After breakfast Dani and one of her little friends (who stayed overnight with her) came down and they helped me get the cows and calves in from the field above the house. Dani’s friend hid behind the feed truck and guarded my hayshed, while I opened the gate and called the cows in (and they were eagerly eating the grass that’s grown up by my hay shed) while Dani went around behind them and brought in the stragglers and their calves. By then Andrea, Charlie, Sam and Jim had come down, and they all helped us sort the cows away from the calves, and locked the calves in the sick barn. We put the cows in the round corral above the main corral, and brought our 2 yearling bulls into the chute to brand, vaccinate and delouse/deworm. Michael had come down by that time to pick up Lynn to go with him to Montana, but stayed long enough to help us brand the little bulls and put their new ear tags in. Then he and Lynn left, to drive to Corvallis, Montana to get a new post pounder for Michael—one of the hydraulic jack-hammer type pounders like he’s been renting for the past two years. What he’s paid in rent would have nearly paid for a pounder, so he decided to buy his own. It will also be handier to have one, and we can drive a lot of our own posts at our own convenience and not have to go rent a pounder.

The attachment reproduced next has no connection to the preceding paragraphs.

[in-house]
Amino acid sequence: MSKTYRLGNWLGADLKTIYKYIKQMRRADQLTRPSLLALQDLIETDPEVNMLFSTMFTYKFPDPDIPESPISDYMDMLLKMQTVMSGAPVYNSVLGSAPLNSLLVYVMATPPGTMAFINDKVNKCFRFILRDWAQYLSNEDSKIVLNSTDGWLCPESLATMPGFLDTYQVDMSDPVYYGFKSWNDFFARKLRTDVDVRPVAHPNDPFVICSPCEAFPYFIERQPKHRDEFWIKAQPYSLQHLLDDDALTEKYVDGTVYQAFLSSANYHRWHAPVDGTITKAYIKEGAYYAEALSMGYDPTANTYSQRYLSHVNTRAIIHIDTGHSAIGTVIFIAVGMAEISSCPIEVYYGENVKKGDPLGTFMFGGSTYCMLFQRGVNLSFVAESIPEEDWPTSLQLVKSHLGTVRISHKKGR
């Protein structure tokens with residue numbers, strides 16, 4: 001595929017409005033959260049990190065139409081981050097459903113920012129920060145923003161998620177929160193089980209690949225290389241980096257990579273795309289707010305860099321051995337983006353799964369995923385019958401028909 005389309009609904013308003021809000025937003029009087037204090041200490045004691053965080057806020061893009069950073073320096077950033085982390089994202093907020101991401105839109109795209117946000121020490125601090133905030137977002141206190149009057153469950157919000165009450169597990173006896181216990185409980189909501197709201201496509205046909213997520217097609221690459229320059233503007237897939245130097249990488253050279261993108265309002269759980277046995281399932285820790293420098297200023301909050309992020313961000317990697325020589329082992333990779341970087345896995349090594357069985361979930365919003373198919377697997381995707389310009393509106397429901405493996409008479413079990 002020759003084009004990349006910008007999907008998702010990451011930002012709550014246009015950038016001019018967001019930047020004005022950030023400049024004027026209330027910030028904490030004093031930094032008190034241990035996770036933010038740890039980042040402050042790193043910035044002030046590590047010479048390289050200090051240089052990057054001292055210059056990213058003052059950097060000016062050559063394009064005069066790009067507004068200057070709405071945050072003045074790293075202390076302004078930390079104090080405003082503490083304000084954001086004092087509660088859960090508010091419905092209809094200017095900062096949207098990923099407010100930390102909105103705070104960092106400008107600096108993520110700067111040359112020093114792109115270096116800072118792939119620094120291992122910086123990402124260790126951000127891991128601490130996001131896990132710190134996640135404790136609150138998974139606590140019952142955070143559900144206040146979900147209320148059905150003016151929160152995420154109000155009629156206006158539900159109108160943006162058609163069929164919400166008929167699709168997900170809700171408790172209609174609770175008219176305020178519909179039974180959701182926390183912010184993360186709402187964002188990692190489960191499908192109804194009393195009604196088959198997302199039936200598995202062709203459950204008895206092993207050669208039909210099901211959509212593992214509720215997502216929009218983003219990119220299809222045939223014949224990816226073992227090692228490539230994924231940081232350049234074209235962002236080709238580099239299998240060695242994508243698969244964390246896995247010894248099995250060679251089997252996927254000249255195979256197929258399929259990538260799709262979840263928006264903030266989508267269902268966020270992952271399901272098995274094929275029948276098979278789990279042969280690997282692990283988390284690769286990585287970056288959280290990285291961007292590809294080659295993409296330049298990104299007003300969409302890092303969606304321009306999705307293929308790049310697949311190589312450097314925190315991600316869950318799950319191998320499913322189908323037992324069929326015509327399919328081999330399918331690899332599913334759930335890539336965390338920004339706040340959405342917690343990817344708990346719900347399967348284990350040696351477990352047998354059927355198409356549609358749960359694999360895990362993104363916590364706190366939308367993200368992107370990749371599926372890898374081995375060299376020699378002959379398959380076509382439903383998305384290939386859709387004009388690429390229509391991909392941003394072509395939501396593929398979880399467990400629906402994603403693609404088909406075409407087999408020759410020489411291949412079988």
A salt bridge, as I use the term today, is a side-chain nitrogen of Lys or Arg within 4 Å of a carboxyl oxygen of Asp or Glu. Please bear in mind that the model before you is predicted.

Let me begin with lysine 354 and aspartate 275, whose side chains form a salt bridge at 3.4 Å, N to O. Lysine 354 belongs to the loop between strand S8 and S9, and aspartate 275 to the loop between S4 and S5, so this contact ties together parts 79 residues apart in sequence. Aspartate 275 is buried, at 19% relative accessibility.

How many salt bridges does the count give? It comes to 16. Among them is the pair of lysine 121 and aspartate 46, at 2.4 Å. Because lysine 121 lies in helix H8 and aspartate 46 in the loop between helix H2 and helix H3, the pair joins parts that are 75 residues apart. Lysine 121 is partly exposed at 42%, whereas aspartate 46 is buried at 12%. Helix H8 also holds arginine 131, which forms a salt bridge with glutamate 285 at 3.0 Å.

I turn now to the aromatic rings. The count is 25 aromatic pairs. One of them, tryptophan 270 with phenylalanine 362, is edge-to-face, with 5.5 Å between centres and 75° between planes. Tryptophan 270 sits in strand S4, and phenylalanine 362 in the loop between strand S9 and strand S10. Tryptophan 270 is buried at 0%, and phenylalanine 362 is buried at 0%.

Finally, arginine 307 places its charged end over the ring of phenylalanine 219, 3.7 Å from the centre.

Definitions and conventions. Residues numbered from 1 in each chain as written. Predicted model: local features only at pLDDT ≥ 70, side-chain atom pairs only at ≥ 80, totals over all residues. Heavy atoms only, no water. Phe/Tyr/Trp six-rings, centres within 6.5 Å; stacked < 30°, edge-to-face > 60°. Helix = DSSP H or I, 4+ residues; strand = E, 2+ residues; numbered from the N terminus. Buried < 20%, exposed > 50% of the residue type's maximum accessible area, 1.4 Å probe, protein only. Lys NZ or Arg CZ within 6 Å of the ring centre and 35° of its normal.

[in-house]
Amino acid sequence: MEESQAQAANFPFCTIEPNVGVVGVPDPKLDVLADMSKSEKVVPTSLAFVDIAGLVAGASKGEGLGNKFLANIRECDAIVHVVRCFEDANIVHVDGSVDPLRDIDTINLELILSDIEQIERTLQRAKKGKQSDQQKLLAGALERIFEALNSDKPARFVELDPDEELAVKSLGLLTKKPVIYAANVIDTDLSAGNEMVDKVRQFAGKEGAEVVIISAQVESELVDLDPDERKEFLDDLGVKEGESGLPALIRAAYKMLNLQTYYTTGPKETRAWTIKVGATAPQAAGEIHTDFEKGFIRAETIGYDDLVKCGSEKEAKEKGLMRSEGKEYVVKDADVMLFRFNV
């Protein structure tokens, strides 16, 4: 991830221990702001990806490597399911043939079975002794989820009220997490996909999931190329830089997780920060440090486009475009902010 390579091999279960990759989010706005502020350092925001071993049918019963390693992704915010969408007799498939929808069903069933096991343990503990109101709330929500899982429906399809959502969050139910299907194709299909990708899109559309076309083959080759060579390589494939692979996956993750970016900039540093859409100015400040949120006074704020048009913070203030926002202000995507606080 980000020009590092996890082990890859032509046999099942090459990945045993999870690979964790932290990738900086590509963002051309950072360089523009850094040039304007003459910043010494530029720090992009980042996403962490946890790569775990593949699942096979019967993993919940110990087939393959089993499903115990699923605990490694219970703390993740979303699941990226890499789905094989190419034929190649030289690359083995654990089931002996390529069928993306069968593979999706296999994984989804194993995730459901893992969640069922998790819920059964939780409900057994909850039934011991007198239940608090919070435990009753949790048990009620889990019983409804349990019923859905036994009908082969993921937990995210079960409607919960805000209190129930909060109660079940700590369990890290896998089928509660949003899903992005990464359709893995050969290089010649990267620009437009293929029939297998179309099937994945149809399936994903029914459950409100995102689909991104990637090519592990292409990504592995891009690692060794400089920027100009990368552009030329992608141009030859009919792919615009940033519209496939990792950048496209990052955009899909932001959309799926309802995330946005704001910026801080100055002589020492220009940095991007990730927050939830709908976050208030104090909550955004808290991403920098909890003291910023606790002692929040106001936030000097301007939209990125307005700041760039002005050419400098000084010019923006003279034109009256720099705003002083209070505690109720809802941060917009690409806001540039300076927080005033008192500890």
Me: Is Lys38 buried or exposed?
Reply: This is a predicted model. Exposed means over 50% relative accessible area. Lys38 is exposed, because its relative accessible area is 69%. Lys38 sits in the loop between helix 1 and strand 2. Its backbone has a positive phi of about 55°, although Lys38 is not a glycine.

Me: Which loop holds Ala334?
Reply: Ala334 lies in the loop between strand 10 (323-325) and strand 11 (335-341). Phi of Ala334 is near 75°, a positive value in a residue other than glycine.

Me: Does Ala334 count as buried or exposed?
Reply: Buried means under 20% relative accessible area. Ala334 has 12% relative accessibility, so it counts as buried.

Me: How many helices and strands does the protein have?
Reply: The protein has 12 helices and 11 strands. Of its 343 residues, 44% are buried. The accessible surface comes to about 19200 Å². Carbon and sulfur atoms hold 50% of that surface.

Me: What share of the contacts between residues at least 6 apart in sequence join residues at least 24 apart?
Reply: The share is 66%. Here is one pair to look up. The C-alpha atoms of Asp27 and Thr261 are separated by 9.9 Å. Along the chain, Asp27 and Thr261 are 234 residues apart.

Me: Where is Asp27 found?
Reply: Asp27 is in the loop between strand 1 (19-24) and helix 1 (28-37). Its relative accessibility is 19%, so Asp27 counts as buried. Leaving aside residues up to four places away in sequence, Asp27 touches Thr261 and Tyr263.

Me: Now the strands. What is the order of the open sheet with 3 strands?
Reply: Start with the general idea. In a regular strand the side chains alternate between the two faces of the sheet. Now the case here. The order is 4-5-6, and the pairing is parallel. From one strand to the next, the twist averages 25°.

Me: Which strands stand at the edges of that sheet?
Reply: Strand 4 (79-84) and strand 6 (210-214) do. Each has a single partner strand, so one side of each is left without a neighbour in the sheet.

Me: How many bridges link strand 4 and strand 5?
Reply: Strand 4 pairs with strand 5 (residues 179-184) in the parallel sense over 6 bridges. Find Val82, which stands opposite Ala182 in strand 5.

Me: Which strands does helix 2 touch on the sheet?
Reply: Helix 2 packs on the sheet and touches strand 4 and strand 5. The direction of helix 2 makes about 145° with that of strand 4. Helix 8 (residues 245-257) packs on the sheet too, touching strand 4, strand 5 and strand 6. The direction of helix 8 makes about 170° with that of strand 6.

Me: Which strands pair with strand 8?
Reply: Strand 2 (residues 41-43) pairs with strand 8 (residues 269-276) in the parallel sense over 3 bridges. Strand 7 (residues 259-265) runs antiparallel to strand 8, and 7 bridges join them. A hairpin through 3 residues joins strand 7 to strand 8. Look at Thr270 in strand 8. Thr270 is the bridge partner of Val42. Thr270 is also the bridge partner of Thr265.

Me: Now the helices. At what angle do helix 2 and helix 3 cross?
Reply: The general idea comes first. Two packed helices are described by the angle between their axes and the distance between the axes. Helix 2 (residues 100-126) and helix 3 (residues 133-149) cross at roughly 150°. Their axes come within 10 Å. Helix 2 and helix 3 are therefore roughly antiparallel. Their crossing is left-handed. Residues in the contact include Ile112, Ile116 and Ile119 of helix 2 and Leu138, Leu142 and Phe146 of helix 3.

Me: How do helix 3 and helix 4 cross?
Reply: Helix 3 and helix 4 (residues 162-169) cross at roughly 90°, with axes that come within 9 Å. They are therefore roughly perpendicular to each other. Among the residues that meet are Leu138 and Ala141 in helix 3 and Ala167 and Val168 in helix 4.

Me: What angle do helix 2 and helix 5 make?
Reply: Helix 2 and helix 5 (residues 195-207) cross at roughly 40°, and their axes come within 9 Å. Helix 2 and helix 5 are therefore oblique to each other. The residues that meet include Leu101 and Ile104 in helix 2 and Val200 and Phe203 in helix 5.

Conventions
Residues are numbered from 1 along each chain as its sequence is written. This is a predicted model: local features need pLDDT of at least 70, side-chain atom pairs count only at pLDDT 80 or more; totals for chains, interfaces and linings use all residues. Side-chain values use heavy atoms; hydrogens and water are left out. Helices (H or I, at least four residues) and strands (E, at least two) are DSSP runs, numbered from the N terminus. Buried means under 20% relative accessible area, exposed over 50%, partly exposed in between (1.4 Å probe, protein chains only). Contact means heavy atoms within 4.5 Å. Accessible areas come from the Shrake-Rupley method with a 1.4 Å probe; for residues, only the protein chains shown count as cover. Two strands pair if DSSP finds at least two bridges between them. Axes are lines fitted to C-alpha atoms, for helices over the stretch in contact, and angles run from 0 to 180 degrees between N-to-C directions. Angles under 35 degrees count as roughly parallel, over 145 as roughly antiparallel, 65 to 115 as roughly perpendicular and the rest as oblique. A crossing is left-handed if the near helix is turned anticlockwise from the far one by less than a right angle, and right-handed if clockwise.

The rest of us put the little bulls back in their pen and brought the yearling heifers around to vaccinate and deworm/delouse. Jim caught their heads and sprayed the pour-on; Sam operated the tailgate and squeeze, Charlie and Dani and her friend kept the heifers coming up the alley to the chute, while Carolyn and I vaccinated. We had two heifers to dehorn (one of ours and one of Michael and Carolyn’s) that didn’t get adequately dehorned as calves. Carolyn was able to nip the horns off with the dehorning scoop (with long handles) and Andrea cauterized them with the dehorner so they wouldn’t bleed.

Then we vaccinated and dewormed/deloused the cows, and locked them back in the round corral so they wouldn’t be running back and forth in the main corral trying to get to their calves. The creek is high and flooding, with sub-water in the main corral, making deep mud puddles, and we didn’t want the cows bogging down and dragging their udders in the mud.

We got the calves branded and vaccinated with all our good help.